Member Spotlight: Gregg and Kelly Schmedes

Kathryn Nielson  ·  Aug 30, 2017

Gregg and Kelly Schmedes go where the need is.

Earlier in Gregg's medical career, that was to Cameroon, where he was a teacher and surgeon for Samaritan Purse’s World Medical Mission from 2014-2016.

Now the need is in New Mexico. Gregg is the state director of the American Academy of Medical Ethics’ there, leading the efforts against legislation that would allow physician-assisted suicide. He also teaches medical students at the University of New Mexico.

The aim of AAME is to protect and promote the values that have provided the foundation for Western medical care, with their focus right now on physician-assisted suicide. 
Gregg has testified at committee hearings and helped to organize a caucus led by Christian legislators with the goal of explaining the danger of the bill to non-Christian legislators. He has also raised money to create a video on the topic to present to members of the New Mexico Senate.

“The Church is in a veritable David vs. Goliath battle with physician-assisted suicide,” Gregg says. “The lobby that promotes this culture of death has tens of millions of dollars at their disposal each year. This allows us to rely all the more on God.”

Doctor-assisted suicide 'poison to my profession'

His passion to preserve traditional Western values in medical care led him to become involved in the 2017 New Mexico legislative session. He lobbied against legislation like the End of Life Options Act and in support of the Partial and Late Term Abortion Ban, Born Alive Infant Protection Act, and Parental Notification of Abortion.

“It’s an absolute poison to my profession to allow doctor-assisted suicide,” Gregg says. “And the Church doesn’t even understand sometimes what is going on.”

That needs to change, Gregg says. Personal passion isn’t enough to deter the poison of physician-assisted suicide spreading across America. The Church’s involvement is of paramount importance, according to Gregg, starting with awareness as to why it is such a “grave danger to the Church and society.”

“We need a better theological understanding of why God opposes physician-assisted suicide,” says Gregg reminding us of 1 Corinthians 15:26, which says that death is the last enemy to be destroyed, not a means to end suffering.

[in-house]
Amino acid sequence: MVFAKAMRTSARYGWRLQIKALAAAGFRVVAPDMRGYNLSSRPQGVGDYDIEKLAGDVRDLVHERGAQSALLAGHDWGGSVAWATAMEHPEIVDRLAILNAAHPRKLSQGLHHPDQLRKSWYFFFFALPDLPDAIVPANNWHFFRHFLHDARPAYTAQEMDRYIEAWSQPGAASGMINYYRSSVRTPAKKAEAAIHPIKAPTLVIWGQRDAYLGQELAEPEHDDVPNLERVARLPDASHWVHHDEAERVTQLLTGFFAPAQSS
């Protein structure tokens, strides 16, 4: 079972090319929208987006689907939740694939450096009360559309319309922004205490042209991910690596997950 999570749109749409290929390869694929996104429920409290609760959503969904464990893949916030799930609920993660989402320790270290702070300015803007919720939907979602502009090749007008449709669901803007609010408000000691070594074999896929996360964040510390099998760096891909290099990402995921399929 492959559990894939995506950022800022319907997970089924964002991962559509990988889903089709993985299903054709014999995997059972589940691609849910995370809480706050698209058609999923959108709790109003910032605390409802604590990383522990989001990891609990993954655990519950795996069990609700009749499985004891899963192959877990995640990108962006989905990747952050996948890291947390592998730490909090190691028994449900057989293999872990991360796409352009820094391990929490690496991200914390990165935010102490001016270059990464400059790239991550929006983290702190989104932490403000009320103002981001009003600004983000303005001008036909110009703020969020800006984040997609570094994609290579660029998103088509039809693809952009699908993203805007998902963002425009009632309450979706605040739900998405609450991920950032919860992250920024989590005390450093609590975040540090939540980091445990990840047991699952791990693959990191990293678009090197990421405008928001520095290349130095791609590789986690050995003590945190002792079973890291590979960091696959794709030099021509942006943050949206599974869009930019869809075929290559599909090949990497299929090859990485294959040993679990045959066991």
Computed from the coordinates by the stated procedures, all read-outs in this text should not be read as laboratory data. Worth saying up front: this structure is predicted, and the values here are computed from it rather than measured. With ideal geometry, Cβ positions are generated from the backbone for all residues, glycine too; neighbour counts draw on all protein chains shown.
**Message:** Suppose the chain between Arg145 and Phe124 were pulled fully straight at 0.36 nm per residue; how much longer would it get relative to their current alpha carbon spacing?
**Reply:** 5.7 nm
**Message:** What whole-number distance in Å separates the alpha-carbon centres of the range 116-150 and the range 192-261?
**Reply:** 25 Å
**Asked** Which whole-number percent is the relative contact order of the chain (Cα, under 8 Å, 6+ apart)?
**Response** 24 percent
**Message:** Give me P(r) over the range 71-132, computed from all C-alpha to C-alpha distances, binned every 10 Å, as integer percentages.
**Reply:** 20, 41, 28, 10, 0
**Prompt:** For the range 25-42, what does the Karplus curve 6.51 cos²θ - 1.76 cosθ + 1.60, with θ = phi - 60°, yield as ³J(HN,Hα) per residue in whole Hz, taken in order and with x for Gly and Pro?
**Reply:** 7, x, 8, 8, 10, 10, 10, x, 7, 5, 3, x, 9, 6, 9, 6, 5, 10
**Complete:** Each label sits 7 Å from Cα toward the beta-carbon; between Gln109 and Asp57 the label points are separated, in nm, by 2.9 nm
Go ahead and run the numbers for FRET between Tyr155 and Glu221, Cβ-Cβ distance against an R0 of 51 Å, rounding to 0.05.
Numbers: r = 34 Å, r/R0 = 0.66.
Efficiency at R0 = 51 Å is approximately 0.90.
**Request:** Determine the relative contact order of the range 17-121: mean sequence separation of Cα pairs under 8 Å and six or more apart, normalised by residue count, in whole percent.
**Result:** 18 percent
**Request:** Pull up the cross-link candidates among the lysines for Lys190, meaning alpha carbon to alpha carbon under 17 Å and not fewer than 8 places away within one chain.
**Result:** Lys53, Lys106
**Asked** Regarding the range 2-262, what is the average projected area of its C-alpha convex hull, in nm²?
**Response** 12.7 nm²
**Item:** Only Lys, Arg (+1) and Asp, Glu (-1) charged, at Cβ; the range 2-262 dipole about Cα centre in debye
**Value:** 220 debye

“God is glorified when His people aid those who are suffering,” Gregg says.

Educating the Church

He also wants the Church to be educated not just on the subject of physician-assisted suicide but also why there is a movement supporting it.

“It all comes down to worldview,” he says. “Supporters believe that humanity exists by random chance.”

Guided by the principle of “rational utility,” followers of this movement believe in population control, stating that people are the problem. Because of this, human beings are considered to have no inherent value above other life forms.

Gregg describes the movement’s rationale as: If dying people use up the majority of health care dollars in the final six months of life, we can hasten their death and redirect those funds toward the younger population. Therefore, it’s sometimes OK to kill another human if it satisfies “rational utility.”

But he explains, “The Church must uphold the truth that all life is sacred and bears God’s image.”

Though the issues are daunting, Gregg encourages every believer to work against physician-assisted suicide and abortion at some level by being good stewards of government, which God has instituted. This can be through local elections, calling state and federal representatives and senators, speaking with pastors and elders, Bible study, and—in everything—prayer. 

“I never thought I’d get involved in any sort of legislative thing, but that’s the need,” says Gregg.

To New Mexico through Cameroon

His current position in New Mexico would not have been possible without first going to Cameroon to teach and work. While there, he met his current boss who, at the time was on his first mission trip and just “so happened” to offer Gregg a job.